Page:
Sunday, April 5, 2009

saying yes

the oddest thing happened last week with my afternoon intersession class. they completely overtook the class. there were 21 first and second graders who somehow decided to turn my class on scrapbooking into writing and performing puppet shows. i was overruled as a teacher- overturned. i did nothing but find time during the day for them to do this (and if i hadn't i'm pretty sure they would have done it anyway).

on wednesday afternoon a little girl who marches to the beat of her own drum asked me if she could perform a puppet show for the class. some of the kids had already been making puppets when they finished their work but she wanted to go a step further- she wanted to actually put the puppets to use. so, ever one to know how to manipulate first graders, i said, "sure! but only if you write a script first"
"a script- you know, what each person says. you have to write the story down"
"fine!" she stomped away. i thought the subject was over.

a little later she came back with a script and pushed it into my face. "i need two other actors" she announced, as though she was a hollywood producer. why not? i thought. isn't this what intersession is about? so i picked two little boys i thought could handle being bossed around and let the three of them go into the hallway to practice. they came back and performed for us right before bus call. it was exactly what you'd think a play written by a first grader would be like. it was titled, "two girls scared of a mouse" and consisted of the lines,
"oh no!"
"oh no!"
"a mouse!"
"get away!"

ok, not fine theater. not even creative writing. and somewhat painful to watch. but they'd had absolutely no adult instruction. and the class LOVED it.

the next day two boys ran to the door of my classroom waving a paper in my face. they'd written a play on their own time and wanted to perform it for the class. the little girl had returned with her second script and others were asking if they could do plays as well. i really didn't know. this seemed like it had potential to become insane- everyone would need to be put into groups- they'd need instruction (on what, i don't know, but i have to teach, right?) so i put them off and made them do their work first.

but when they finished their work and while i was busy helping other kids they were slowly putting themselves into groups, making new puppets, and working on the scripts. finally i realized what was going on and gave in. we cleaned up early and i gave them time to practice with their groups and then perform for one another. it was the quietest they'd ever been and they were working in groups to plan their plays. i expected fights, hurt feelings, ripped puppets, and arguments. but there wasn't any of that.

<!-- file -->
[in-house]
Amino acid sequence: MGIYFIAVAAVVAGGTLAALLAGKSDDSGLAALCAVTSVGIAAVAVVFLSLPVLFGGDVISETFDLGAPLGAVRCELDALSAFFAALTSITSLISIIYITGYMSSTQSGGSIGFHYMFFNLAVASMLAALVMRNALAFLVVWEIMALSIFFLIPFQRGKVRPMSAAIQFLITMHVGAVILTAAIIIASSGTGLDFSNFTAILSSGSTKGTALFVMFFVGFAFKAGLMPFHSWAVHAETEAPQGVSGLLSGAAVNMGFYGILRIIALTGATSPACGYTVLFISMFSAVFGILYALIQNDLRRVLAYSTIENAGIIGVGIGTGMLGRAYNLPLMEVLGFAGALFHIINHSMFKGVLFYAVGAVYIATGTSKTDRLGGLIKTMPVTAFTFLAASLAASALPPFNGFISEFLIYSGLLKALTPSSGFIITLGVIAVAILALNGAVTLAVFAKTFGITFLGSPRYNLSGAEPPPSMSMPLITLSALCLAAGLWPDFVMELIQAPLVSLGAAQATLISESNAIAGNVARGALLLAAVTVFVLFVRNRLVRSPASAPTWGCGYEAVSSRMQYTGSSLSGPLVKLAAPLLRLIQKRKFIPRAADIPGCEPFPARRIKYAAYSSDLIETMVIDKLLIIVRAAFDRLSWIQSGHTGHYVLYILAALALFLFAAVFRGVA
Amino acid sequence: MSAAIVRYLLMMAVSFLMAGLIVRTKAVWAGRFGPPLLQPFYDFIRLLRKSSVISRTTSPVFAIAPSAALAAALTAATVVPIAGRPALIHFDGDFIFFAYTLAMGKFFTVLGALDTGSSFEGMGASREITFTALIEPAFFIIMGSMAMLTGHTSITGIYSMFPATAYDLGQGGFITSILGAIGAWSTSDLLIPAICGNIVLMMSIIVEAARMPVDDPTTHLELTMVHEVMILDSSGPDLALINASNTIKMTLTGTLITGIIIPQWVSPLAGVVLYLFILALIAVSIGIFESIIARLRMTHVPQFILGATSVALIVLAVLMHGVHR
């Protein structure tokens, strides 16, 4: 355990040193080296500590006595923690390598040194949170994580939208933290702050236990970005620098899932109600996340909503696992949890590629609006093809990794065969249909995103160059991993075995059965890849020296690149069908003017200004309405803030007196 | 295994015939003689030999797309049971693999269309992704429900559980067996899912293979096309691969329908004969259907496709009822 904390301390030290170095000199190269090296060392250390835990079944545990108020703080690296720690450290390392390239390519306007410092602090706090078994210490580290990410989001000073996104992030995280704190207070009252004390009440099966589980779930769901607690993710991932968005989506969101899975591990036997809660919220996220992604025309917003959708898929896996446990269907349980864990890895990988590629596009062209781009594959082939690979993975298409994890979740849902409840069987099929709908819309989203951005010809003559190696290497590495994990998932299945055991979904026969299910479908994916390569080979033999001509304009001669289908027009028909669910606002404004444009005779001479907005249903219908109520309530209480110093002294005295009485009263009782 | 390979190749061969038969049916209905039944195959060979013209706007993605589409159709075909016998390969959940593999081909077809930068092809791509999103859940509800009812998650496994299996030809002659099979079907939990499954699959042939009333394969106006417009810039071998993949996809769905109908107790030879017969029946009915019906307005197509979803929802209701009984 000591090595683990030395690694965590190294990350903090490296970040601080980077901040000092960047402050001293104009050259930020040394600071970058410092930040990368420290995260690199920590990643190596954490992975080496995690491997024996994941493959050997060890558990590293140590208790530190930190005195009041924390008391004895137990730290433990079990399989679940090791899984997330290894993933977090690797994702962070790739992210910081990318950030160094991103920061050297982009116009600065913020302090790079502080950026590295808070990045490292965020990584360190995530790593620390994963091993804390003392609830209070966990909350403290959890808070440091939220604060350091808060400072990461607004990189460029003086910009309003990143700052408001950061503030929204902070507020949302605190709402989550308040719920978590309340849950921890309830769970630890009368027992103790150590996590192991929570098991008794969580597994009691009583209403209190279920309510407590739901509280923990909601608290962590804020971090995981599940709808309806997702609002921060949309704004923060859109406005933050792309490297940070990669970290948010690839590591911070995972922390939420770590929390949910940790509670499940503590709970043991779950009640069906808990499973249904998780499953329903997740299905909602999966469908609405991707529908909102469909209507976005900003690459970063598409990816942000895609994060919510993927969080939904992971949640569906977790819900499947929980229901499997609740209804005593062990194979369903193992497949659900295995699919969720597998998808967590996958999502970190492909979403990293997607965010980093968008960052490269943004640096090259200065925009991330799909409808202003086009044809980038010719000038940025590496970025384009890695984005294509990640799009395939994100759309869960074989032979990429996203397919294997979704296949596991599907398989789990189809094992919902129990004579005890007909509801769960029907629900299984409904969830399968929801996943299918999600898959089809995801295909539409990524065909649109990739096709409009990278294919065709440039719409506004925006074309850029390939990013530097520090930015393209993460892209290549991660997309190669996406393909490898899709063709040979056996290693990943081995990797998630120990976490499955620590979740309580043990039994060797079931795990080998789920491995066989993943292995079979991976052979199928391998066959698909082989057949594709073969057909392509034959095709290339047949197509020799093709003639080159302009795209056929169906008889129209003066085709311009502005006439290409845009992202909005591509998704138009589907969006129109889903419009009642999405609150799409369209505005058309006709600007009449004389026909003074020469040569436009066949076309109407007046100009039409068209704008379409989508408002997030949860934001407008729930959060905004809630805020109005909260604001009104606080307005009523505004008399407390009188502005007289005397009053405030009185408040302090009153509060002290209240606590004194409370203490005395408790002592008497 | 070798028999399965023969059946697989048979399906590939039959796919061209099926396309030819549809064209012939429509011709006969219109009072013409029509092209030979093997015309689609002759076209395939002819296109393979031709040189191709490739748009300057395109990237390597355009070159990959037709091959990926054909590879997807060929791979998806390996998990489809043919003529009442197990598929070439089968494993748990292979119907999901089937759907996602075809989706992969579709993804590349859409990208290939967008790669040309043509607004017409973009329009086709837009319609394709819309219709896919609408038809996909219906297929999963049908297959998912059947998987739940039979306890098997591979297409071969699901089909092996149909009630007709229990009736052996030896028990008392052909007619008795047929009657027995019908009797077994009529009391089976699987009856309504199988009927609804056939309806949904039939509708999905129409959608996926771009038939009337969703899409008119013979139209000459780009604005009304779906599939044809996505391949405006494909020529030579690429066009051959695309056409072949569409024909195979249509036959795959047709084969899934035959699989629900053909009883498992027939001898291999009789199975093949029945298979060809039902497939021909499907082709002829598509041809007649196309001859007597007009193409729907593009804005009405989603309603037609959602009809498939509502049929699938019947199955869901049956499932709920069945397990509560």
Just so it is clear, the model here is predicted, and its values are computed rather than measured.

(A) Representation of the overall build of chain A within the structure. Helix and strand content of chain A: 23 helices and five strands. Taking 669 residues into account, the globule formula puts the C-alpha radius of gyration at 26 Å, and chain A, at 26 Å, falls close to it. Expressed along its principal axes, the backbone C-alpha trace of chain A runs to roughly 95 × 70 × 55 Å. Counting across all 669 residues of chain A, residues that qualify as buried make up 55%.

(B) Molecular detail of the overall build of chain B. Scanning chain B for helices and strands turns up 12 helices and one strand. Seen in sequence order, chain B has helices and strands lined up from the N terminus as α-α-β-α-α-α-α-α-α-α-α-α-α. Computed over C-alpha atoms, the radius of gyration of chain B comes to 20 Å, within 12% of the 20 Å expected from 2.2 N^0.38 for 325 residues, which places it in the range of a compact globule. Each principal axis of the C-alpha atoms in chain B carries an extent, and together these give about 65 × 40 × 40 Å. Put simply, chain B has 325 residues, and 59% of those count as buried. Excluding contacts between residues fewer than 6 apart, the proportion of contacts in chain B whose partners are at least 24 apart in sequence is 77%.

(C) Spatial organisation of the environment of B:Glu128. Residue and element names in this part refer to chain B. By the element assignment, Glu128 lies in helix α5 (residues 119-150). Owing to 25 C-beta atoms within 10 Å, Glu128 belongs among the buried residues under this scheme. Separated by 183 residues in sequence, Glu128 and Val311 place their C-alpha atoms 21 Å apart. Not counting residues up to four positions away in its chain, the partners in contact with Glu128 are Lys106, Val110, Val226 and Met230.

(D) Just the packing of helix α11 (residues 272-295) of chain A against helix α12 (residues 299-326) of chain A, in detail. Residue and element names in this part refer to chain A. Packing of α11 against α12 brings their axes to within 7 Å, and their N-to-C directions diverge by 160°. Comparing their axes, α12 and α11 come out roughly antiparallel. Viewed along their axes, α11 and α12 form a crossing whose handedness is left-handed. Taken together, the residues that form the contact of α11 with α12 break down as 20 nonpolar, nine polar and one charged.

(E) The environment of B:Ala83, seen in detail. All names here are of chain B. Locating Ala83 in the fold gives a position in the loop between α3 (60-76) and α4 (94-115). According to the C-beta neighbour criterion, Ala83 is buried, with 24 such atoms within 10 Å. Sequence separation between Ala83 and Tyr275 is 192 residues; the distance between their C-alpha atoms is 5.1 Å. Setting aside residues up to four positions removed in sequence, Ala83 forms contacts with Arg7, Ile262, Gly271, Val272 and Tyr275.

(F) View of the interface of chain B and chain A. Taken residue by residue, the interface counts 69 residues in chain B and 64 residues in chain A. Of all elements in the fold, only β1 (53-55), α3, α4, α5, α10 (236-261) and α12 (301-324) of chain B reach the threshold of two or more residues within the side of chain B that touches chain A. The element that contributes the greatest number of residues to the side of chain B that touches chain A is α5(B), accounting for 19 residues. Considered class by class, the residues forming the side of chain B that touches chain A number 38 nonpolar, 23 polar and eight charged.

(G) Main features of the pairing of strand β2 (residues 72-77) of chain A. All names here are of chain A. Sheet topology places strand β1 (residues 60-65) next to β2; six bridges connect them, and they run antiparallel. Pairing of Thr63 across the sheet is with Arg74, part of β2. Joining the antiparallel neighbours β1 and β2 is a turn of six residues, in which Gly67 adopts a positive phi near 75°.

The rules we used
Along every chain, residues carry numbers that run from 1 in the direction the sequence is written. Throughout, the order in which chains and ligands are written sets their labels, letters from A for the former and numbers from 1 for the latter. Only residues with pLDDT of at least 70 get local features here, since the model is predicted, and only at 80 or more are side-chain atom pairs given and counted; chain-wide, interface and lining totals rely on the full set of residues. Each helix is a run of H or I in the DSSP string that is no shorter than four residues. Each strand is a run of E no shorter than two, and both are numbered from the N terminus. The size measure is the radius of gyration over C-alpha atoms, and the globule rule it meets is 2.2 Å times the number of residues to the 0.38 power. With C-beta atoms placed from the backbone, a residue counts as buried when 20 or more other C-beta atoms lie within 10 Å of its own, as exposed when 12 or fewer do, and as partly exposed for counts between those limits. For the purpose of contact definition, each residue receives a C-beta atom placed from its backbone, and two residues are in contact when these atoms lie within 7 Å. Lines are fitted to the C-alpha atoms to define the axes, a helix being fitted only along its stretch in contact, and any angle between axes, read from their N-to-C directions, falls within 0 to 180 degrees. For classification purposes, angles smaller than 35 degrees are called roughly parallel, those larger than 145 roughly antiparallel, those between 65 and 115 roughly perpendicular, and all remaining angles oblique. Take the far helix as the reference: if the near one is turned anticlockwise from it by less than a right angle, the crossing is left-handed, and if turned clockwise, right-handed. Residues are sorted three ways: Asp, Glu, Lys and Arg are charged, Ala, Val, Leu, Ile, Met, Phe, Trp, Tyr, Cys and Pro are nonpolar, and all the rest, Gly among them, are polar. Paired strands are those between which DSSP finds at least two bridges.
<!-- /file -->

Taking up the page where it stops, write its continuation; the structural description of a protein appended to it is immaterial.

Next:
i was bored. i was the teacher and i had nothing to do.

and i was pretty impressed with their puppets and their sets. one even had a rotating stage (like in noises off). the gingerbread man's set was detailed to include an oven with a door that opened and closed.

they were again enthralled by one another's plays. i mentioned this to the teacher across the hallway and she said she wanted her class to come see it, so, i thought, why not. they weren't good plays by any stretch of the imagination but we're trying to kill time on the last day anyway. somehow more classes ended up hearing about them and coming to watch them. (the last day of intersession we're really looking for something to do to keep kids busy)
my kids sat through one another's plays three times that day and still hung on every word.

it was one of the oddest things that has ever happened to me as a teacher considering the class had only been together for two weeks. this is what you'd want to have happen in your class in the spring, or even by november when they've been together awhile. but not those first couple weeks. it was the right mix of kids- the right amount of students with great leadership qualities, the right amount of kids with good problem solving skills (i broke up no fights, i solved no "what if" problems).

the only thing i did as a teacher was say yes and agree to let them take over. i don't think anything they did was "measurable" in terms of testing and accountability. but it was a group of esol students who used their english to write a play, make the puppets and the props for the play, direct the play, and work together and problem solve so that they could perform.

i love intersession and the time it gives us outside of the curriculum to let kids be kids.


Sarah said...

I don't care if it's measurable or not, that sounds like success to me!!

jo said...

love this. thanks for sharing. : )